• Low/no wealth
  • Low income
  • Area deprivation
  • Socio-economic background
  • Material deprivation

The inequalities of outcome that people can face because of socio-economic disadvantage include:

  • Poorer skills and attainment
  • Lower health life expectancy
  • Lower quality, less secure and lower paid work
  • Greater chance of being a victim of crime
  • Less chance of being treated with dignity and respect

3.1.2 The Human Rights Act

The Human Rights Act 1998 is an Act of Parliament of the United Kingdom introduced to incorporate the rights of the European Convention on Human Rights into UK law. Public authorities must respect and protect the human rights set out through the articles of the Act.

Human rights implications are also considered in the context of upcoming International Human Rights Covenants and Conventions.

In assessing the impacts on human rights legislation, this report considers:

  • If there is any danger of someone's rights being infringed by the actions of the Fair Work agenda
  • If the actions of the Fair Work agenda will strengthen people's ability to enjoy these rights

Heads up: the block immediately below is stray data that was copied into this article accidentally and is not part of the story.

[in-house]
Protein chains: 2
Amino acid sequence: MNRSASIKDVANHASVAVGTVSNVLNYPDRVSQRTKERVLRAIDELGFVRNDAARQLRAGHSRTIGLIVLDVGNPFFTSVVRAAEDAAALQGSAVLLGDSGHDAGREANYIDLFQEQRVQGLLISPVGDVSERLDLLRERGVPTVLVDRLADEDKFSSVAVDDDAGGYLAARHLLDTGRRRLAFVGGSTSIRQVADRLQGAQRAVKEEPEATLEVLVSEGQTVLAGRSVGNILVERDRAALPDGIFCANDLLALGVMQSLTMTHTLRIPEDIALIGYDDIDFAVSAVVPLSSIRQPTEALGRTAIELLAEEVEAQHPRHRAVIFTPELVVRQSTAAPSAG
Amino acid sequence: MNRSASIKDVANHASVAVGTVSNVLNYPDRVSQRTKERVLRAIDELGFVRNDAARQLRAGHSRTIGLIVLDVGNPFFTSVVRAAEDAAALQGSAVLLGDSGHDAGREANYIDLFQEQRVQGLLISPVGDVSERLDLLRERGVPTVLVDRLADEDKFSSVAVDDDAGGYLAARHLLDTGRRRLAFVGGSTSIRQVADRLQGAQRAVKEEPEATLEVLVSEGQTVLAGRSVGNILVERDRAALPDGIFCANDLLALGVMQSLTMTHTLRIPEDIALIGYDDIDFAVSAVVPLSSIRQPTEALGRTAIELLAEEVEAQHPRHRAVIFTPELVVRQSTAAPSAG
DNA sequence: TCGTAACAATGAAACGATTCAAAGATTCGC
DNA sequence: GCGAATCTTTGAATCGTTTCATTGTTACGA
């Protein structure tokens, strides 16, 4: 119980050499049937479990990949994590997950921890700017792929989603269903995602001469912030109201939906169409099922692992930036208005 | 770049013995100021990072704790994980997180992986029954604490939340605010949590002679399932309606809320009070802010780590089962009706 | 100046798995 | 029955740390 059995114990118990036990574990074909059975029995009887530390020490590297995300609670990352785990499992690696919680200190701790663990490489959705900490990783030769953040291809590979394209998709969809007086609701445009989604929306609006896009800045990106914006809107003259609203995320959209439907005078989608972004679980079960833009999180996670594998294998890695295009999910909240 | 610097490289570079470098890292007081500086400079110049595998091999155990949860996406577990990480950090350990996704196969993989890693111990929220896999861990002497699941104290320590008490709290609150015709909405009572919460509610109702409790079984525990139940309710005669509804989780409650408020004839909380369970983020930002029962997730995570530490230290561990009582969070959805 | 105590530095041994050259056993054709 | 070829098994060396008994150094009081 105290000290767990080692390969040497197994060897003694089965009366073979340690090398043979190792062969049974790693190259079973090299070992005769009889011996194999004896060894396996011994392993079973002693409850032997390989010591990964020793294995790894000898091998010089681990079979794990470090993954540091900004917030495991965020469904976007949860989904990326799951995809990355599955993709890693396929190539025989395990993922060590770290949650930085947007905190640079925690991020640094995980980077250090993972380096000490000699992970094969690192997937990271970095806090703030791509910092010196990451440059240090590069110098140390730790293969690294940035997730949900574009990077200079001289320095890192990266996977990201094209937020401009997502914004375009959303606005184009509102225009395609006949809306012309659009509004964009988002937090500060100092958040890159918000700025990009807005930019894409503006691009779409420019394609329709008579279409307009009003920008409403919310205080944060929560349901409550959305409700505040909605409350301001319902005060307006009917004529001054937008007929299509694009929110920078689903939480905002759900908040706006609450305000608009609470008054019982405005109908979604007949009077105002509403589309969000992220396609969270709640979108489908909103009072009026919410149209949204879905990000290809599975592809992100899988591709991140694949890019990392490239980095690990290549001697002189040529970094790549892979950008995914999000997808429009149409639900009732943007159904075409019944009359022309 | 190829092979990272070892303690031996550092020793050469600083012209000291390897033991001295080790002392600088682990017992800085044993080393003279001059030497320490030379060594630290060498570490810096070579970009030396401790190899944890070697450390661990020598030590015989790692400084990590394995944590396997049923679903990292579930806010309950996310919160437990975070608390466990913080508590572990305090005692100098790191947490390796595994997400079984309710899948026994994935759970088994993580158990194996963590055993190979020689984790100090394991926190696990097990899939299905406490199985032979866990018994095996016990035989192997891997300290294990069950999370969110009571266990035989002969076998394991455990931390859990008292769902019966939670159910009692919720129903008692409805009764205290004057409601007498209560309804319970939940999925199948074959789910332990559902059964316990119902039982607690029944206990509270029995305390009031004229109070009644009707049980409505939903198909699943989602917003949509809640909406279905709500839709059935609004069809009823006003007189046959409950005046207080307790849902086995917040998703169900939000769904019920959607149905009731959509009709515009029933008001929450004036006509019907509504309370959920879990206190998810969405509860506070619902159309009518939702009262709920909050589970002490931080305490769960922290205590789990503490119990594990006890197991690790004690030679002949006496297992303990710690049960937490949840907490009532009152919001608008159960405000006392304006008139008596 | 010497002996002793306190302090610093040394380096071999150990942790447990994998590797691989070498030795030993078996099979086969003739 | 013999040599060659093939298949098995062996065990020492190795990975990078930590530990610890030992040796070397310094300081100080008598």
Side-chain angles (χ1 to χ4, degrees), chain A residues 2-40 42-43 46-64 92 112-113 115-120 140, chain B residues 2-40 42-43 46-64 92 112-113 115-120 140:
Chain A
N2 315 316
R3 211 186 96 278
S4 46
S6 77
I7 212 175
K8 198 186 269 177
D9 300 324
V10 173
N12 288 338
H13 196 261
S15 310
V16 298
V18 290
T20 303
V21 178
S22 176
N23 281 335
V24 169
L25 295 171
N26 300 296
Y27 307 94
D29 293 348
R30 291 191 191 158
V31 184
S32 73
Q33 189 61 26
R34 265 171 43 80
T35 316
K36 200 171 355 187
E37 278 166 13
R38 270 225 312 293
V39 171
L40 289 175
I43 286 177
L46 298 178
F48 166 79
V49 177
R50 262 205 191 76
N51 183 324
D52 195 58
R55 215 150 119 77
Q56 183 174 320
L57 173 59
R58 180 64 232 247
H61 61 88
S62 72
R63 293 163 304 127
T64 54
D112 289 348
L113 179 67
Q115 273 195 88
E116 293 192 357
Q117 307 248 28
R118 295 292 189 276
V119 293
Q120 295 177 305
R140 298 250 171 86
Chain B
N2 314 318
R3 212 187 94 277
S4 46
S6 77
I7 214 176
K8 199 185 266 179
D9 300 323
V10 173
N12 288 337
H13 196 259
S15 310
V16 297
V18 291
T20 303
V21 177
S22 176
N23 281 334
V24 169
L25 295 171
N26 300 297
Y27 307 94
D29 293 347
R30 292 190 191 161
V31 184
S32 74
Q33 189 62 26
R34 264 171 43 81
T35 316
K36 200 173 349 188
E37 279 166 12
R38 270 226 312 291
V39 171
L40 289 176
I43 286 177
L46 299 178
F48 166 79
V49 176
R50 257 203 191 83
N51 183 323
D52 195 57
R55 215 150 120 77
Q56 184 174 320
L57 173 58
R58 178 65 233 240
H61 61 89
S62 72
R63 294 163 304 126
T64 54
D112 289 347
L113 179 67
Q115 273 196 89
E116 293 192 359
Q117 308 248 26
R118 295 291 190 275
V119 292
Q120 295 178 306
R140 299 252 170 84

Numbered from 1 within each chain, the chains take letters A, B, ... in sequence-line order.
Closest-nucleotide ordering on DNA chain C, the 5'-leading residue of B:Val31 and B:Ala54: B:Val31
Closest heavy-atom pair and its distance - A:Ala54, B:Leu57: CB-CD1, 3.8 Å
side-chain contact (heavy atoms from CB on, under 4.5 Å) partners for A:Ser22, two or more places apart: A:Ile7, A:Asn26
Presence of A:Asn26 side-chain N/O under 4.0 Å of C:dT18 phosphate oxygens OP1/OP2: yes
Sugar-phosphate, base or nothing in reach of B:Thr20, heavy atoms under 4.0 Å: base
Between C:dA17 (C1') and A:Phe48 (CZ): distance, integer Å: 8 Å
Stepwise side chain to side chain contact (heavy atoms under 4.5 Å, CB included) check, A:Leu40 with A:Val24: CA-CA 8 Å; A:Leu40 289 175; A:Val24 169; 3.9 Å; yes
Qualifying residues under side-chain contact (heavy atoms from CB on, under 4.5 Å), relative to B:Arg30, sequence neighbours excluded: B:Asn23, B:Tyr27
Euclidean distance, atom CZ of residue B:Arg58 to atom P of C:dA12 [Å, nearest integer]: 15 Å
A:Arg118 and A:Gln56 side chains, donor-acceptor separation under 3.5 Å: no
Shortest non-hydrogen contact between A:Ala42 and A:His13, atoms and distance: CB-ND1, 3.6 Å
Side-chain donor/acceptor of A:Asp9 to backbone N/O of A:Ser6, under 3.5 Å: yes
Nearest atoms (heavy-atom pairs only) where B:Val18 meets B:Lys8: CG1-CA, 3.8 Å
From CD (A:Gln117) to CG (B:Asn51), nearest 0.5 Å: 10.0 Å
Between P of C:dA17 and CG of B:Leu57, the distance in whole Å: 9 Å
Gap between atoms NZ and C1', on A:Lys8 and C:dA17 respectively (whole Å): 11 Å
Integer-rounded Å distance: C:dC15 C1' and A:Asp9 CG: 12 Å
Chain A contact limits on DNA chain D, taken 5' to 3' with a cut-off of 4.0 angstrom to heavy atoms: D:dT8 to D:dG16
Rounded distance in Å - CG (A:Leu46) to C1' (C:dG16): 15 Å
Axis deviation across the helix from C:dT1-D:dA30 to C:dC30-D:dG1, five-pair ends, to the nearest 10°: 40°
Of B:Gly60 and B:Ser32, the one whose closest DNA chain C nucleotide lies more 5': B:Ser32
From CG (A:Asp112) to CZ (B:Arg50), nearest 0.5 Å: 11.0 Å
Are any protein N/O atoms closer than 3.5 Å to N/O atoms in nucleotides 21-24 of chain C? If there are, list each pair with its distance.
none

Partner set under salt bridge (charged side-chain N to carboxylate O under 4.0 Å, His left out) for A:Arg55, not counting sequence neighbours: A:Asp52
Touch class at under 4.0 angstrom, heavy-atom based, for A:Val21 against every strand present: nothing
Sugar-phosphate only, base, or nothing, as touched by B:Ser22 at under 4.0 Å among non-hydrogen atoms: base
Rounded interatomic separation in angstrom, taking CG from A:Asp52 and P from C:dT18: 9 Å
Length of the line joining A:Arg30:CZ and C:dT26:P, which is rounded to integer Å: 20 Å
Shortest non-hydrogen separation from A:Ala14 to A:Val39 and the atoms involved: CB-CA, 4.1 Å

3.2 National policy

3.2.1 Fair Work Framework[15]

The Fair Work Convention published the Fair Work Framework in 2016. It sets out a vision that 'by 2025, people in Scotland will have a world-leading working life where fair work drives success, wellbeing and prosperity for individuals, businesses, organisations and society'.

The framework defines Fair Work through the five dimensions: effective voice, opportunity, security, fulfilment, and respect.

3.2.2 National Strategy for Economic Transformation (NSET)[16]

The National Strategy for Economic Transformation outlines an ambition for a successful and 'fairer' economy by 2032 driven by a vision to create a wellbeing economy.